The measurable efforts of DiMare—coupled with his in-waiting status and a general aloofness from Morris—it’s had the Canes in a state of limbo since Miami re-upped with the long-time head coach back in 2014. The Canes’ batting average dipped to .275 in 2013; the program’s lowest since 1979—and the inability to get to Omaha (or past Florida) was was on full display without DiMare.

Conversely, Miami’s offense ranked among the Top 10 in school history eight of nine season with DiMare as hitting coach and the last great Canes squad (2008) held a .320 average and notched some strong internal records—tied for second in home runs (106), fourth in slugging percentage (.541), eighth in total bases (1,202) and RBI (517), ties for ninth in doubles (135) and tenth in hits (711).

“I’m not coming back to just get to an NCAA Tournament,” DiMare told the Miami Herald upon his return. “Coach Morris knows how I am. He and [pitching coach] JD [Arteaga] are used to winning and going to Omaha. The fans are used to that. I am as a former coach and player at Miami. I certainly wouldn’t be coming back if I didn’t feel the program could get back to Omaha. I wouldn’t put myself in that situation. I think we can get it turned around. I don’t think they’re that far off. But there’s no doubt we have to get it going in some areas, hitting is one big area where we have to get it turned around. And we will get it turned around.”



The coach-in-waiting dynamic may make sense in certain situations, but in this case reeks of seniority and rewarding a long-time coach for past success, while dangling a carrot and keeping the next-man-up at bay—a guy more than ready to create his own legacy.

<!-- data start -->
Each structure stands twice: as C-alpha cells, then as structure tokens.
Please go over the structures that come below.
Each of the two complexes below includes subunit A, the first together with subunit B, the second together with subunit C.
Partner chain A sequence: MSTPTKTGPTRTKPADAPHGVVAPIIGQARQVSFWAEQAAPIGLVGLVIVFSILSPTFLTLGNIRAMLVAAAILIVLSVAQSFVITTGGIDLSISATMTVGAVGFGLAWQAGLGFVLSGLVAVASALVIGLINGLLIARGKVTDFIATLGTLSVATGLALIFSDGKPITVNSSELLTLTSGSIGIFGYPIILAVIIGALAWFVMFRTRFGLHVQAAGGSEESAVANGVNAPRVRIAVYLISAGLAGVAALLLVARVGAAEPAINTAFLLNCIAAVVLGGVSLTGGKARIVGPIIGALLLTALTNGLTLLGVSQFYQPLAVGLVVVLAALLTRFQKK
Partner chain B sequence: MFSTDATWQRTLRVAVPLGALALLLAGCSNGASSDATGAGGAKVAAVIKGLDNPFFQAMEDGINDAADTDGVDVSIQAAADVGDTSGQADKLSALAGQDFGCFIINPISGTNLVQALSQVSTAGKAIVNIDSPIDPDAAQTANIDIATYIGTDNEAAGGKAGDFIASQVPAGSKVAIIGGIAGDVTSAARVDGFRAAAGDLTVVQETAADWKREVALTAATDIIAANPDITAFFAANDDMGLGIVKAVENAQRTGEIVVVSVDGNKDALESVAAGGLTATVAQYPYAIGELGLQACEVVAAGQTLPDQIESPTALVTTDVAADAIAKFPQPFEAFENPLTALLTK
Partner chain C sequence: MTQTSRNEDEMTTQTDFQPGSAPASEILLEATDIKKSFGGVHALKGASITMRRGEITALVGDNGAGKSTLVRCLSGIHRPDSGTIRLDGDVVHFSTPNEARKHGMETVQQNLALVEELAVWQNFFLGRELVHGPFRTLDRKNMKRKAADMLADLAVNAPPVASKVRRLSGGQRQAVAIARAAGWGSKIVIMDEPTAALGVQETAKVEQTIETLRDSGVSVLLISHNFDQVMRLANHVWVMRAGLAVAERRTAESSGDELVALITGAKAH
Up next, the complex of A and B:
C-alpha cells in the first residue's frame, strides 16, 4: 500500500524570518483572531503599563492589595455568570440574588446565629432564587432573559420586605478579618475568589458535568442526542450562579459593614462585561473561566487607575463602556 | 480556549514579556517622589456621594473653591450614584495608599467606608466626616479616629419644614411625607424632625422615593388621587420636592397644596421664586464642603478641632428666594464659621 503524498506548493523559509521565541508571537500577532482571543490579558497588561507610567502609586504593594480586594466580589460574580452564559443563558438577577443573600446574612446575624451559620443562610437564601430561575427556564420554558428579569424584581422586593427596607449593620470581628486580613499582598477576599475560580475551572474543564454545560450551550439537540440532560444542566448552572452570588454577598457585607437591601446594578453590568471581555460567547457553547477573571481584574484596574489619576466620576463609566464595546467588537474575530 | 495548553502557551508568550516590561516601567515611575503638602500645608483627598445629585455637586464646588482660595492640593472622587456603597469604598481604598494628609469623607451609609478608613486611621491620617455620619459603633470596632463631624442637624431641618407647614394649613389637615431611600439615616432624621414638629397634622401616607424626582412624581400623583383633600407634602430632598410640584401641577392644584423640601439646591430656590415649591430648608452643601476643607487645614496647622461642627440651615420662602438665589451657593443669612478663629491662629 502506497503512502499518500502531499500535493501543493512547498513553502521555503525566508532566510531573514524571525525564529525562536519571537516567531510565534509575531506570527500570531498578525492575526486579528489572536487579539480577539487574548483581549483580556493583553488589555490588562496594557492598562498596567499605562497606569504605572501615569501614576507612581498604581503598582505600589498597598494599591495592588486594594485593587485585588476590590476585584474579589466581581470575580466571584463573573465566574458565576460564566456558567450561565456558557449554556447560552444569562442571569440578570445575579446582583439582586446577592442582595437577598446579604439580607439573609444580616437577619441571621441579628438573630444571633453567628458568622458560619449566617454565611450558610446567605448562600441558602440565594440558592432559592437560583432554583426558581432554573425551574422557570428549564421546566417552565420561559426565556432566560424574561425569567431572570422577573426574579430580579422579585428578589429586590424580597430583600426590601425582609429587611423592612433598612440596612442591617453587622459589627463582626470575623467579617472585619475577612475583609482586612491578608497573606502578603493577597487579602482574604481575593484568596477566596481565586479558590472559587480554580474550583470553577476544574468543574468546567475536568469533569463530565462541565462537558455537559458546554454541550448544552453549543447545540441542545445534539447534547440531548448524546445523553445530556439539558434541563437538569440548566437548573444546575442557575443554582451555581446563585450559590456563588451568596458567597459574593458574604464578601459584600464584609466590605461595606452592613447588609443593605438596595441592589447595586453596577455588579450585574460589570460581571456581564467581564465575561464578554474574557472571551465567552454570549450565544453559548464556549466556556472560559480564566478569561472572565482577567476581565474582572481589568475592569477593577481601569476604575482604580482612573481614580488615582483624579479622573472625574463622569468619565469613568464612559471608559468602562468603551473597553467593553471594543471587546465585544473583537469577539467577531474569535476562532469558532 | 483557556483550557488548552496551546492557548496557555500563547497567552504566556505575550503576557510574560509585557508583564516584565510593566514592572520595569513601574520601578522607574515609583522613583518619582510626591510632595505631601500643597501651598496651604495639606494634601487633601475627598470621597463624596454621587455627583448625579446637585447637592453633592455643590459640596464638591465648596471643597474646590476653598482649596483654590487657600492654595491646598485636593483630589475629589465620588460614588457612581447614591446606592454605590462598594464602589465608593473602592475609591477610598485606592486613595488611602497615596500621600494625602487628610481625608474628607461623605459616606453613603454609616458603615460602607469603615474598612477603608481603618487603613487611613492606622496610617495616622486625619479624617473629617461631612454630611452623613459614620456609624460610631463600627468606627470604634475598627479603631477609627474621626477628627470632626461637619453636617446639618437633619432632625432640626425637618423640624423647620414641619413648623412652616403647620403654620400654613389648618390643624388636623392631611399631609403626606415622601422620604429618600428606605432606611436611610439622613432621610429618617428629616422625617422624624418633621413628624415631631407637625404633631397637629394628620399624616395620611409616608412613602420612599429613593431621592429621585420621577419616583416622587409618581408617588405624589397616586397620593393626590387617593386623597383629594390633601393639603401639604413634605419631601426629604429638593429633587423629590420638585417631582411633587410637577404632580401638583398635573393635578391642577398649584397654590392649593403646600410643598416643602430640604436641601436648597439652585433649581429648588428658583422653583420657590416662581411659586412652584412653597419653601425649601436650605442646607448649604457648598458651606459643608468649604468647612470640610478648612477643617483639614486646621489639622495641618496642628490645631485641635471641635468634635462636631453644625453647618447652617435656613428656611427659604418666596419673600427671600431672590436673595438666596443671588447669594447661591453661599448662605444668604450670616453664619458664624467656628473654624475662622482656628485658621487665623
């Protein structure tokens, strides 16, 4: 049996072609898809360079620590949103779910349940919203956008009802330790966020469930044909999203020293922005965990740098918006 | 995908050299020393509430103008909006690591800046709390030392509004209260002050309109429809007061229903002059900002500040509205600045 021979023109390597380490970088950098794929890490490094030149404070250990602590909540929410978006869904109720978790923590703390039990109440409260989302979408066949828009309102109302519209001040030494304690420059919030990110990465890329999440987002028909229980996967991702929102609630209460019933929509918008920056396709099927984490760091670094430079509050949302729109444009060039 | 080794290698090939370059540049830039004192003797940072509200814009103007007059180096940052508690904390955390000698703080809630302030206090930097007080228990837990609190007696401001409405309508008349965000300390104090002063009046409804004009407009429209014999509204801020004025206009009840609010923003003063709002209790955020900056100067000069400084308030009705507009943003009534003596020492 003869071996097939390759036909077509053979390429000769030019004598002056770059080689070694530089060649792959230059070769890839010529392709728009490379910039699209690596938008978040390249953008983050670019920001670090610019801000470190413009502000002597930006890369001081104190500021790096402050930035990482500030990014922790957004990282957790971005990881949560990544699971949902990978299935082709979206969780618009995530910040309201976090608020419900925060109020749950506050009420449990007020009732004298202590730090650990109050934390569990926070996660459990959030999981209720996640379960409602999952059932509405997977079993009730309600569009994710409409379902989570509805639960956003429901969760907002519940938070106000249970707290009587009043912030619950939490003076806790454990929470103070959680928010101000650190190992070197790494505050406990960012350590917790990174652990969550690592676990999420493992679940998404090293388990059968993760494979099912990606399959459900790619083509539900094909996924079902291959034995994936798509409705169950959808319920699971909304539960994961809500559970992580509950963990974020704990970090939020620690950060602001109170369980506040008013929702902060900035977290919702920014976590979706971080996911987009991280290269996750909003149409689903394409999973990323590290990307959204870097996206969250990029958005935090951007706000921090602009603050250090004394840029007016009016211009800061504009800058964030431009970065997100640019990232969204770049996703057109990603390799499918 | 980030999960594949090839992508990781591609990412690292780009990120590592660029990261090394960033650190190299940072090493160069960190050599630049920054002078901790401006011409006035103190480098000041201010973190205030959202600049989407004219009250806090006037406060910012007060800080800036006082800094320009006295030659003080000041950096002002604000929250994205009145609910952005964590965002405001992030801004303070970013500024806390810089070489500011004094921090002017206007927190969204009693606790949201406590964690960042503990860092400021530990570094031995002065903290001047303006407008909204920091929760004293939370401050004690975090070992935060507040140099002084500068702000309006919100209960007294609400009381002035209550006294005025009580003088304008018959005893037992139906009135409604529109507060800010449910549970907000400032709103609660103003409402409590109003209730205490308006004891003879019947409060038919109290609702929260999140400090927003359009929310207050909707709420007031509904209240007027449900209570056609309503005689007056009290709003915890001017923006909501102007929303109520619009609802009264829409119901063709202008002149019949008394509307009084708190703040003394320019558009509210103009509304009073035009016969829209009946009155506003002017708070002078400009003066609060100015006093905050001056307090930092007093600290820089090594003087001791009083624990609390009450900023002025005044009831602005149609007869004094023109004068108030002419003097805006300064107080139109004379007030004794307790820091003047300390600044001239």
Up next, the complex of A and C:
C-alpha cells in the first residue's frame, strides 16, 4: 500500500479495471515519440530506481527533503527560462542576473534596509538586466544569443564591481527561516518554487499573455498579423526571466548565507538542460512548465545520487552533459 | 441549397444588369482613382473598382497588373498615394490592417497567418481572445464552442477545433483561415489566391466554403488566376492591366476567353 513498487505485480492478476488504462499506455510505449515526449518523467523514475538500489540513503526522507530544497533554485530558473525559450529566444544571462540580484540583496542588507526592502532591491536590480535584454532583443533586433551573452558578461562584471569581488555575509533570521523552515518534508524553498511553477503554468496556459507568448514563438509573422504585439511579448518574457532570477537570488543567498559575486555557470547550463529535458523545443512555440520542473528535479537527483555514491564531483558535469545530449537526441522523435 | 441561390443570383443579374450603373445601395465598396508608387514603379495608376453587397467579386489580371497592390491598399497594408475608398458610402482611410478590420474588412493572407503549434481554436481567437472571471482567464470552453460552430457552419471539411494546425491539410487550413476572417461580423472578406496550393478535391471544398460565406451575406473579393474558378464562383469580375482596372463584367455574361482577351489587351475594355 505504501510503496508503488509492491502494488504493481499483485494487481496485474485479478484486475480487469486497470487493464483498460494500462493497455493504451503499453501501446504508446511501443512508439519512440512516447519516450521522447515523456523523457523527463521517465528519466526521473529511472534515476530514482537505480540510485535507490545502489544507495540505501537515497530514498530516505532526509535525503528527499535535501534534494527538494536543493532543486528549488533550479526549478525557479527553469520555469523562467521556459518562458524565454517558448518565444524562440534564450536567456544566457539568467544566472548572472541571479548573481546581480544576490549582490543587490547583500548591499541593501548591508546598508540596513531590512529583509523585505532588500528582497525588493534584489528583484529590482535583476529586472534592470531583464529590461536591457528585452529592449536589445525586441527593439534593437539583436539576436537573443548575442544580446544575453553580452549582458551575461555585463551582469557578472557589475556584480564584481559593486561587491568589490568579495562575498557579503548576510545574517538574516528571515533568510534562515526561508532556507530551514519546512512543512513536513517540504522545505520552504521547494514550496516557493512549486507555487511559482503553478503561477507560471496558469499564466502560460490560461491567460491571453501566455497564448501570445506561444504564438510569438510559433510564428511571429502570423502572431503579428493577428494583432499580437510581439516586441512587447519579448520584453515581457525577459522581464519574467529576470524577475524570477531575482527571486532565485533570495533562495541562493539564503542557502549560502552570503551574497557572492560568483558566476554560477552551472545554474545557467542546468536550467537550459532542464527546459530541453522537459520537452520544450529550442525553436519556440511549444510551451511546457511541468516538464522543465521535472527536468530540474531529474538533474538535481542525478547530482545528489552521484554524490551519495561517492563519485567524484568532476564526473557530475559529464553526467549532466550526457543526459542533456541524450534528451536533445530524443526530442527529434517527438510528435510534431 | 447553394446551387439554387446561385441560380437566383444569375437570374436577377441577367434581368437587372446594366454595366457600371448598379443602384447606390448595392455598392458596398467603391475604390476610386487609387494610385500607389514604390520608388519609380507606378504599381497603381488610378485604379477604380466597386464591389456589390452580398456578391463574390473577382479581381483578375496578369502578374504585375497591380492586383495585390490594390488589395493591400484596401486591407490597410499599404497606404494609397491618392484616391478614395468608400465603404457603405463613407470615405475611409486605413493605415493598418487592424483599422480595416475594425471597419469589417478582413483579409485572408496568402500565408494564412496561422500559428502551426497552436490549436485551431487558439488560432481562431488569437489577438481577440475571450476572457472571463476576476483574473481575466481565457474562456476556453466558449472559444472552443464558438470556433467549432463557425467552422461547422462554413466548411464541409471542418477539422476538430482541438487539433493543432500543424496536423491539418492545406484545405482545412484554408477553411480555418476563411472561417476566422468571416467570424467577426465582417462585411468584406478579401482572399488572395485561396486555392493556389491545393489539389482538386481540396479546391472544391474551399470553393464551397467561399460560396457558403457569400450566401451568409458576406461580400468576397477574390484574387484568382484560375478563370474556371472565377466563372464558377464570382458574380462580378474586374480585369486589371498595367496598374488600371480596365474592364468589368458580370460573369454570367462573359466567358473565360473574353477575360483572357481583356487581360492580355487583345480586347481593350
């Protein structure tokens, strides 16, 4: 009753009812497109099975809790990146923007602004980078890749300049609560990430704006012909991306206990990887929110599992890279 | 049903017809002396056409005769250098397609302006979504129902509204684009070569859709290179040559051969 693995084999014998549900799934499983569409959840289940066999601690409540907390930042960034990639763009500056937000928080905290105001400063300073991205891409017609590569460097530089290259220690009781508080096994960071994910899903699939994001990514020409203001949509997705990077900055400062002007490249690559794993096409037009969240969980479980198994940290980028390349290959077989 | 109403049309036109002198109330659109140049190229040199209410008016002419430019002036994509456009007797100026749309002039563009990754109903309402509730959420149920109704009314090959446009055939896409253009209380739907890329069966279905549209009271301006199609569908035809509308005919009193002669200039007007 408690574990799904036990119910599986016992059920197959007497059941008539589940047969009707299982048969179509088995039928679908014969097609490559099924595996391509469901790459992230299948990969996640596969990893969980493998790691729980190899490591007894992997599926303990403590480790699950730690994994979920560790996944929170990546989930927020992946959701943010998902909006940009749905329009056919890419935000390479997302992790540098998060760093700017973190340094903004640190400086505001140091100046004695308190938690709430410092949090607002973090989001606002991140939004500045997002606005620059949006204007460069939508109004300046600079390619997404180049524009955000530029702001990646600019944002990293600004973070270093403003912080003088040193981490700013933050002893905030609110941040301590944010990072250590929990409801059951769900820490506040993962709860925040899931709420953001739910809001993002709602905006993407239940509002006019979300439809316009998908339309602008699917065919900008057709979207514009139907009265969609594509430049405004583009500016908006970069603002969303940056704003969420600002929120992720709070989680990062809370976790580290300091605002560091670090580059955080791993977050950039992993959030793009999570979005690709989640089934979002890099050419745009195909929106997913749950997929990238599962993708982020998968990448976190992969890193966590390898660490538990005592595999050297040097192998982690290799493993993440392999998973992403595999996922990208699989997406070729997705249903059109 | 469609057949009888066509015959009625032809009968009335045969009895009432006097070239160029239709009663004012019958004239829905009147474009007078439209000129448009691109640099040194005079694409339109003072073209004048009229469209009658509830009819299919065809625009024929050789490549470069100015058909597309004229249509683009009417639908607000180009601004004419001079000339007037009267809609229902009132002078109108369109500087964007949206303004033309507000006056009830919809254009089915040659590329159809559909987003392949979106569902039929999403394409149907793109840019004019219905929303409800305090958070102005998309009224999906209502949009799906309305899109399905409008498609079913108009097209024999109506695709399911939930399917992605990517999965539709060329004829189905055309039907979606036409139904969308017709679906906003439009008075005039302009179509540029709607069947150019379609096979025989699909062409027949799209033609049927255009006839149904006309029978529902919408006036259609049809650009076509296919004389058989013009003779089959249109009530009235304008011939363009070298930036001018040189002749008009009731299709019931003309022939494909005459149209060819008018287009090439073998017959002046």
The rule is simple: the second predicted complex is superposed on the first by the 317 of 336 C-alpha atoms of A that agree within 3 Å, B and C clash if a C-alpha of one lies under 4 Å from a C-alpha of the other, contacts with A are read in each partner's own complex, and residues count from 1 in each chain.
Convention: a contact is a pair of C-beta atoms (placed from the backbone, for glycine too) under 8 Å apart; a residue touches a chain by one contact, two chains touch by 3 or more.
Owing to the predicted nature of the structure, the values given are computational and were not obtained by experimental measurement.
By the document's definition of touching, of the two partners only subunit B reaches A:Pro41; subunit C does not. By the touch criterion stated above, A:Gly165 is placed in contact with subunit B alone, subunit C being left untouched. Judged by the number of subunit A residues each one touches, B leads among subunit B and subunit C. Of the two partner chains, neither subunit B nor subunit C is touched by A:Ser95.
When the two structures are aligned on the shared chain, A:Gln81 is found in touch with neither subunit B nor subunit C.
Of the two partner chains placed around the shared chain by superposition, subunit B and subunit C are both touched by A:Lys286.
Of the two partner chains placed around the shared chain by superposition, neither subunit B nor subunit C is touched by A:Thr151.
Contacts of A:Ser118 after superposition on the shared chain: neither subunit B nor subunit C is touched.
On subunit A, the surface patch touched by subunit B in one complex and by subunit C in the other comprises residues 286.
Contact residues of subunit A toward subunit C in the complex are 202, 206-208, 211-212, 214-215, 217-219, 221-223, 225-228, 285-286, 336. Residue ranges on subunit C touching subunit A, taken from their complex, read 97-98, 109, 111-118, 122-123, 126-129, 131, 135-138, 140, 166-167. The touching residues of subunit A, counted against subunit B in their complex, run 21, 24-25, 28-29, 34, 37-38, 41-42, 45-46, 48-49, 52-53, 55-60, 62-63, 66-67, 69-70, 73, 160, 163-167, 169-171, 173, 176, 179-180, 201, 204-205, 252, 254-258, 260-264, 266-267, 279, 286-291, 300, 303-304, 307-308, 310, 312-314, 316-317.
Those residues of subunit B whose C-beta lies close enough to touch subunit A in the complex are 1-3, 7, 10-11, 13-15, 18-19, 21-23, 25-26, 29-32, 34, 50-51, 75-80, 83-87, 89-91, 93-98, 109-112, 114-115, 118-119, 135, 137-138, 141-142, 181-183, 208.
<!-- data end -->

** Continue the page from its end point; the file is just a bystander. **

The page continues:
In a sense, it could be argued that a two-time national champion has earned the ability to retire when ready and has every right to stick around—but doesn’t that in itself put the individual over team and go against everything coaches teach their players regarding what it takes to be successful?

Same to be said with a coach starting a good-not-great senior because he’s been around longer, despite having a phenom freshman hungry and ready to make an immediate impact. This isn’t about Morris’ legacy; it’s about the future of Miami baseball in a crowded and competitive landscape where rivals haven’t just caught up—they’ve pulled ahead.

The DiMare experiment remains just under two seasons away and upon his takeover, Miami will have a new leader at the helm for the first time in 24 years—which requires adjustment at some level. Best case scenario, the Canes hit the ground running under DiMare. Worst case; it’s a carry-over from the Morris era and Miami doesn’t re-find it’s post-season groove—the title drought since 2001 rolling on—and the program will have to look elsewhere for a leader (setting the rebuild back even further.)

Whatever the case, does it not make sense for the Canes to dive in and start the process, already? Was it really necessary for Miami to renegotiate the original Morris deal—one that would’ve wrapped after the 2015 season—extending it through 2018 as some form of a courtesy? Sure, a fair-enough send off for a successful coach—but at what expense?

Slow-start aside, or recent regular season success the past few years—doesn’t matter. At best, Miami baseball is in maintenance-mode, while Canes’ basketball is reaching new levels—both coached by men in the twilight of their careers; one still learning and fueled by fire and passion, while the other is sticking with his archaic ways and seems like he’s going through the motions; riding this thing out until the end, for his own personal needs—not the future of the program he helped build.